Reflecting on the significance of the last great age of the artist as hero and tortured genius
Abstract expressionism was not a movement, it was a phenomenon. With no defining style, mission or collective manifesto, it is, according to David Anfam, curator of the Royal Academy’s ambitious ‘Abstract Expressionism’ exhibition “the only word capacious enough to fit the bill”.
It’s a good word, denoting a spirit of place and time that brought together a cohort of heavy-drinking, saturnine artists. (In the catalogue, Anfam makes much of a gloomy collective mindset shouldering the burdens of the 20th century, and as grandiose as that may sound there’s certainly something in it.) These artists’ lives, friendships and rivalries have long since been mythologised, but their work was diverse enough to defy any meaningful definition.
It’s a phenomenon that undeniably speaks of the last great age of the artist as hero, as visionary, as tortured genius. Furthermore, these were artists preoccupied with the sublime. As such, it can be described as the last great hurrah of Romanticism. And it happened not in Europe but America. It was a home-grown phenomenon that was heavy in European influence, but was incontrovertibly American, and this itself is part of its resilient mythology.
The names of the big-hitters, those whose mythic status, even today, remains surprisingly, defiantly undimmed, trip easily off the tongue, so embedded are they in the wider culture: Jackson Pollock, Mark Rothko, Willem de Kooning. They demand huge wall space and the exhibition devotes big rooms to each of them. Pollock’s monumental Mural (1943), which was commissioned by Peggy Guggenheim, the collector whose support essentially kickstarted Pollock’s career, faces the equally monumental Blue Poles (1952).
Inspired in part by Indian sand painting, Pollock dispensed with the easel and painted the 20ft-long Mural on the studio floor, engaging his body as if in a nimble ritual dance. Although essentially abstract, the painting’s dynamic structure and curving forms suggest a solemn and brooding procession of figures. By the time he painted Blue Poles he had become internationally famous as Jack the Dripper, flicking his brush at the canvas and pouring directly from a can. An intricately layered mesh of paint could suggest a whole cosmos, as indeed could Rothko’s shimmering horizontal bars, floating before the retina as if slightly detached from the canvas.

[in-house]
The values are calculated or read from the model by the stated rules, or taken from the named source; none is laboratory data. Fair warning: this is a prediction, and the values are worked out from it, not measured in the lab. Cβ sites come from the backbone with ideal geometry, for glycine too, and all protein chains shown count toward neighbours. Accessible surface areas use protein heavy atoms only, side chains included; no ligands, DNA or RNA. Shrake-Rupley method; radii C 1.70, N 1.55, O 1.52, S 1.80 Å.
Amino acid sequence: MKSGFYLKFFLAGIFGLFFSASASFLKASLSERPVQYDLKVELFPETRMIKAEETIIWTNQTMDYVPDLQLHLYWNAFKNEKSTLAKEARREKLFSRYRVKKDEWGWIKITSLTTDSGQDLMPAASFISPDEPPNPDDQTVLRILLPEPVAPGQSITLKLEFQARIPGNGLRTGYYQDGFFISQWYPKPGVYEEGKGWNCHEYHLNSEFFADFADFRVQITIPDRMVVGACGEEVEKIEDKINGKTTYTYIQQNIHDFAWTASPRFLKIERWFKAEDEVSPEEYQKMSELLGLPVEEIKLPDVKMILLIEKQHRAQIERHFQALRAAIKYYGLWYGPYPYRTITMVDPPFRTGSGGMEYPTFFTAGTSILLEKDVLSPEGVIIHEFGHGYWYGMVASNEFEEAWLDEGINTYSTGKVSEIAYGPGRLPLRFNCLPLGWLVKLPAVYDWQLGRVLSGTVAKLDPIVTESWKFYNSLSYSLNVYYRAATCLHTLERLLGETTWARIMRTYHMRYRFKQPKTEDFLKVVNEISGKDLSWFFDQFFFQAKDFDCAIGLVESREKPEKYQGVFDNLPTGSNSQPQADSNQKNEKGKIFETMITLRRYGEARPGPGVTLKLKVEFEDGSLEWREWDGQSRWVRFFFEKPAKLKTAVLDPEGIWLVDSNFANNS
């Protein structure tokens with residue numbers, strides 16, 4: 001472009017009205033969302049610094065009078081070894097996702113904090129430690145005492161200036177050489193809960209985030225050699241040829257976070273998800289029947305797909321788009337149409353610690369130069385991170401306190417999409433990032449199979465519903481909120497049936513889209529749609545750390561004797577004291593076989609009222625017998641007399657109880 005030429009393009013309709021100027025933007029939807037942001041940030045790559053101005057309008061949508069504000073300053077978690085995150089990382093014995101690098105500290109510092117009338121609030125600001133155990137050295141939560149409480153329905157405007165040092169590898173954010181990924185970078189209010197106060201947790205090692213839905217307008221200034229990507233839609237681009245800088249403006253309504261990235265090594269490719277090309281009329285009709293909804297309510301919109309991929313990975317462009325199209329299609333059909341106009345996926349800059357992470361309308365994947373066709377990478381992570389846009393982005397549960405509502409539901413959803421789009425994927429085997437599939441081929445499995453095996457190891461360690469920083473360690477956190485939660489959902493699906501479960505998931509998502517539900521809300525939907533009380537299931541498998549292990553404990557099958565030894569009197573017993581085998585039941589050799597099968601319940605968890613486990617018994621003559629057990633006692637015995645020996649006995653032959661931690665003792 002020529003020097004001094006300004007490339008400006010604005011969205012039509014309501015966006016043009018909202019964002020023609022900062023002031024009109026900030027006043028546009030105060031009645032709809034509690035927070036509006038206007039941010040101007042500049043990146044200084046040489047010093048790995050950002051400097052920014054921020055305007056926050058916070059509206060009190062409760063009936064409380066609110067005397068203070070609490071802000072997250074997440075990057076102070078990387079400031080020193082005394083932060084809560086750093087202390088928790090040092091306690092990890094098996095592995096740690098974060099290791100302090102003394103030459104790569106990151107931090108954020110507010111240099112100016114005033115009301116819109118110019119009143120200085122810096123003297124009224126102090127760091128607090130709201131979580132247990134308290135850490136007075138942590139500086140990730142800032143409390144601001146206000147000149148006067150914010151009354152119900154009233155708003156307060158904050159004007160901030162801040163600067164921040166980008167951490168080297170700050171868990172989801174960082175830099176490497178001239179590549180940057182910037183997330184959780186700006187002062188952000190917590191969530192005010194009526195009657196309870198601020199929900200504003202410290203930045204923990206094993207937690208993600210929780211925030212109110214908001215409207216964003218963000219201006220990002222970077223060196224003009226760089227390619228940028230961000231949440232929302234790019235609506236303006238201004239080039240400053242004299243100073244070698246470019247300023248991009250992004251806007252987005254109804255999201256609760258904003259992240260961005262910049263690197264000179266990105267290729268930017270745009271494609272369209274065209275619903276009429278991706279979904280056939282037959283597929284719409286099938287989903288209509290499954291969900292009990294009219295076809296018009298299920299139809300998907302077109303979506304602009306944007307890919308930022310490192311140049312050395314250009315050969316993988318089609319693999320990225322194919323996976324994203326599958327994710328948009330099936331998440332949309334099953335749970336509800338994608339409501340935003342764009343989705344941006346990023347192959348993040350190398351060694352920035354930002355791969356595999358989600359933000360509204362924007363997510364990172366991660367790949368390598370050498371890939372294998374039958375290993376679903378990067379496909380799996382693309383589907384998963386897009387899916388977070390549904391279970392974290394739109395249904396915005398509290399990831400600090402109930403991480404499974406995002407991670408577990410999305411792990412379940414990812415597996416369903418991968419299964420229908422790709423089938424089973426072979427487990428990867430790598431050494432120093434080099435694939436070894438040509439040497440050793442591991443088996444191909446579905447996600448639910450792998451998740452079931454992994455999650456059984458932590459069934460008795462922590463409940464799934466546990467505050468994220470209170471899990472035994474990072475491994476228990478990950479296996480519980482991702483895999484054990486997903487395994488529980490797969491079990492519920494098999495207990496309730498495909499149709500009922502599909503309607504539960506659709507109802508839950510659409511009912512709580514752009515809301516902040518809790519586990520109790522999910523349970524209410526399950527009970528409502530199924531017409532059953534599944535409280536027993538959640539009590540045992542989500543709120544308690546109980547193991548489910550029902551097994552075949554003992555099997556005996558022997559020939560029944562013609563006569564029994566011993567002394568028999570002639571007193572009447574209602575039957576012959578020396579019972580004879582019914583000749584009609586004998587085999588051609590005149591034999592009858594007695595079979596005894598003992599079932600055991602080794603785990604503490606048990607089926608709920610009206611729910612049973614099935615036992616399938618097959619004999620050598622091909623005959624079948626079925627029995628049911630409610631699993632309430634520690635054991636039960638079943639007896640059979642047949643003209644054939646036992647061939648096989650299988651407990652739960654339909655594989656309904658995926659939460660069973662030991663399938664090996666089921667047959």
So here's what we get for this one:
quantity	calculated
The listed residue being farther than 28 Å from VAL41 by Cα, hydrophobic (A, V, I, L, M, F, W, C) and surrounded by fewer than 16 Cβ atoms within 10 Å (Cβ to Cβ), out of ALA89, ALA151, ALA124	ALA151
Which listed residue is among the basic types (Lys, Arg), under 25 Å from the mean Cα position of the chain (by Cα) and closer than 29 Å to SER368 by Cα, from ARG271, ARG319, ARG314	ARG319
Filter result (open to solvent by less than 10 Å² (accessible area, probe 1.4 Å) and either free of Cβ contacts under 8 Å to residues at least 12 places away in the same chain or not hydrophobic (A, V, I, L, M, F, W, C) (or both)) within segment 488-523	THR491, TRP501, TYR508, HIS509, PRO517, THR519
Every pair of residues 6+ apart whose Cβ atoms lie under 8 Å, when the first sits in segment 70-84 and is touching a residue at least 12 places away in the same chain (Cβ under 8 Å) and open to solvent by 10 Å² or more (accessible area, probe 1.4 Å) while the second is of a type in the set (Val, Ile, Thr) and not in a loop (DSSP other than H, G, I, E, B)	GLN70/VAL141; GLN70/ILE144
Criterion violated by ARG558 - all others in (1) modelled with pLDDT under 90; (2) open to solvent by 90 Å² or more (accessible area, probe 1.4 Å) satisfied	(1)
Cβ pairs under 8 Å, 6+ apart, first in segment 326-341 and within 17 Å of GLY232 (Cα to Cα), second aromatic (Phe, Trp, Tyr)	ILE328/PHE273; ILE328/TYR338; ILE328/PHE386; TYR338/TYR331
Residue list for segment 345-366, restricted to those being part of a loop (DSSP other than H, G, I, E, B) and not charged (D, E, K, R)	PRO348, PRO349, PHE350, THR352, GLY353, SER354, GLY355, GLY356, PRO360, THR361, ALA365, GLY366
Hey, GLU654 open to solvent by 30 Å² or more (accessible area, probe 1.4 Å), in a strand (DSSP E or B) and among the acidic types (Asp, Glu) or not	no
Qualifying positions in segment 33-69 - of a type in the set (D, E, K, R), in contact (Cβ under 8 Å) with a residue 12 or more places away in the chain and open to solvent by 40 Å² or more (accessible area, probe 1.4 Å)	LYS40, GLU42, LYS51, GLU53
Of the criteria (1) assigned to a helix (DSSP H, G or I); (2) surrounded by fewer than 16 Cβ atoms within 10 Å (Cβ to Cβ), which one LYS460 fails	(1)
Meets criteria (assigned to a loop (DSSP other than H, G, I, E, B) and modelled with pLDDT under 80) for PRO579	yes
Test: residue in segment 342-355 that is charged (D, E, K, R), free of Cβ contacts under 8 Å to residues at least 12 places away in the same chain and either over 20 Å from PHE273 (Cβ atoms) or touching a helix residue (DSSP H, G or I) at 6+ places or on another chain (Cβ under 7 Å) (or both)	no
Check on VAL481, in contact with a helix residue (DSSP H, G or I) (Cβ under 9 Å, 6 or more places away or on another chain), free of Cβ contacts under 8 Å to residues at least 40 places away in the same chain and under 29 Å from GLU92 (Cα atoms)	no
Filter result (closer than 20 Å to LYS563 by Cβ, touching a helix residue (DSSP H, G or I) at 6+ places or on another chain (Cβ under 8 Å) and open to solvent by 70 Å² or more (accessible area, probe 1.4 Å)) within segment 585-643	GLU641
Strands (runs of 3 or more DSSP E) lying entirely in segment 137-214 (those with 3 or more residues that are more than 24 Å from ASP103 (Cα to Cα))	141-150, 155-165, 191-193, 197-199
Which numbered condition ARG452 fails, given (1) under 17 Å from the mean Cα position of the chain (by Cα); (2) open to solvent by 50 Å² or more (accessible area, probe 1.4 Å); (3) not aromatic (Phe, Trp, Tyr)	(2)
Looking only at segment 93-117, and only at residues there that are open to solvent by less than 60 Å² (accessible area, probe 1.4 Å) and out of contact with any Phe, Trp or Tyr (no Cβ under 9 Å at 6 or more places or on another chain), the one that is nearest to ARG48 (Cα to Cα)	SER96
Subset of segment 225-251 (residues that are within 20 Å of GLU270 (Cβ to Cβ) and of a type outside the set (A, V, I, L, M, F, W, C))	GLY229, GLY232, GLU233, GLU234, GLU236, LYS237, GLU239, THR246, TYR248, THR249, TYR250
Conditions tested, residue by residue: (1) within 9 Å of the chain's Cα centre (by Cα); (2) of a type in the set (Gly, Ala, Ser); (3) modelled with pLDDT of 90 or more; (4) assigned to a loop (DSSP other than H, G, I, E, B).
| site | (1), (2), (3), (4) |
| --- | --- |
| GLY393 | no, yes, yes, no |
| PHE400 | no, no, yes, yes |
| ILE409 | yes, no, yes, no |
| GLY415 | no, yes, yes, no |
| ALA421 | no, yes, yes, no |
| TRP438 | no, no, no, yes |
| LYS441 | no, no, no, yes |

De Kooning on the other hand brings you right down to earth: his buxom, bug-eyed women, with their sharp Venus flytrap gnashers, are both terrifying and cartoonish, suggesting, as it does for all good Freudians, a castration complex – this while his broad, buttery wedges of paint exude uninhibited sensuality. What terrific tension contained within those brush strokes.
Walking through the exhibition, room after room, you almost feel the air vibrate, assailed as you are with so much kinetic energy. And the wow factor when you enter a huge gallery devoted to Clyfford Still, a painter who is not among those names who generally excite the wider public’s interest, leaves you astonished that you could ever have underrated him. Those ragged, jagged landslides of paint. This is epic painting of the modern sublime: grand, seductive, sensual and serious.
Then we have Arshile Gorky, Adolph Gottlieb, Barnett Newman, Robert Motherwell, Franz Kline, Janet Sobel, Lee Krasner, Philip Guston, Sam Francis, Joan Mitchell, even Helen Frankenthaler and Ad Reinhardt.
You could play a heated parlour game with who was and who strictly wasn’t an abstract expressionist, since some artists appear in the dead centre, some at the periphery, and some who are said to have provided a bridge between one thing and another thing, to which art historians have given other labels. Art history helps us understand the cultural dynamics and shifts underpinning what artists do, but for living painters there are no neat groupings – artists feed off each other, but they do not hunt in packs.
Does an exhibition such as this help us understand that any better, or merely add to the confusion? Sometimes, as here, it’s probably better to just think with your eyes. Certainly, it will take some deep and prolonged looking to see just how rich the paintings of Ad Reinhardt are, your eyes ever so slowly, incrementally, adjusting to find their black velvety surfaces actually containing grids of many subtle hues.
The Reinhardt paintings are extraordinary, and their legacy can be found in minimalism and conceptualism, even though they also reach much further back, to Malevich’s black square, and even though they weren’t after all the “last paintings” that anyone could paint, nor the first paintings about which that claim was made.
The legacy of abstract expressionism is, in fact, wide and surprising. Pollock’s nimble ‘action painting’ sparked a fascination in the actual process of creating work over that of the finished product. The repercussions of that have been huge, from happenings, to performance art to land art. Pollock is only a small part of that legacy, but he is a part of it all the same.
Aside from those legacies, what’s intriguing about this exhibition is not just those it includes under its capacious umbrella, but those it leaves out. Almost every room in the exhibition is punctuated by David Smith’s welded steel sculptures, and there’s a huge and impressive Louise Nevelson assemblage, made of objects all painted in matt black. But there’s no Alexander Calder, neither mobile nor stabile. And yet if there’s any sculptor who embodied urbane New York at the height of the abstract expressionist phenomena, it’s him.
But there’s no doubt that Calder would have disrupted the sombre mood of this exhibition. It’s simply instructive to see what is embraced and what is edged out in the careful shaping of a phenomenon.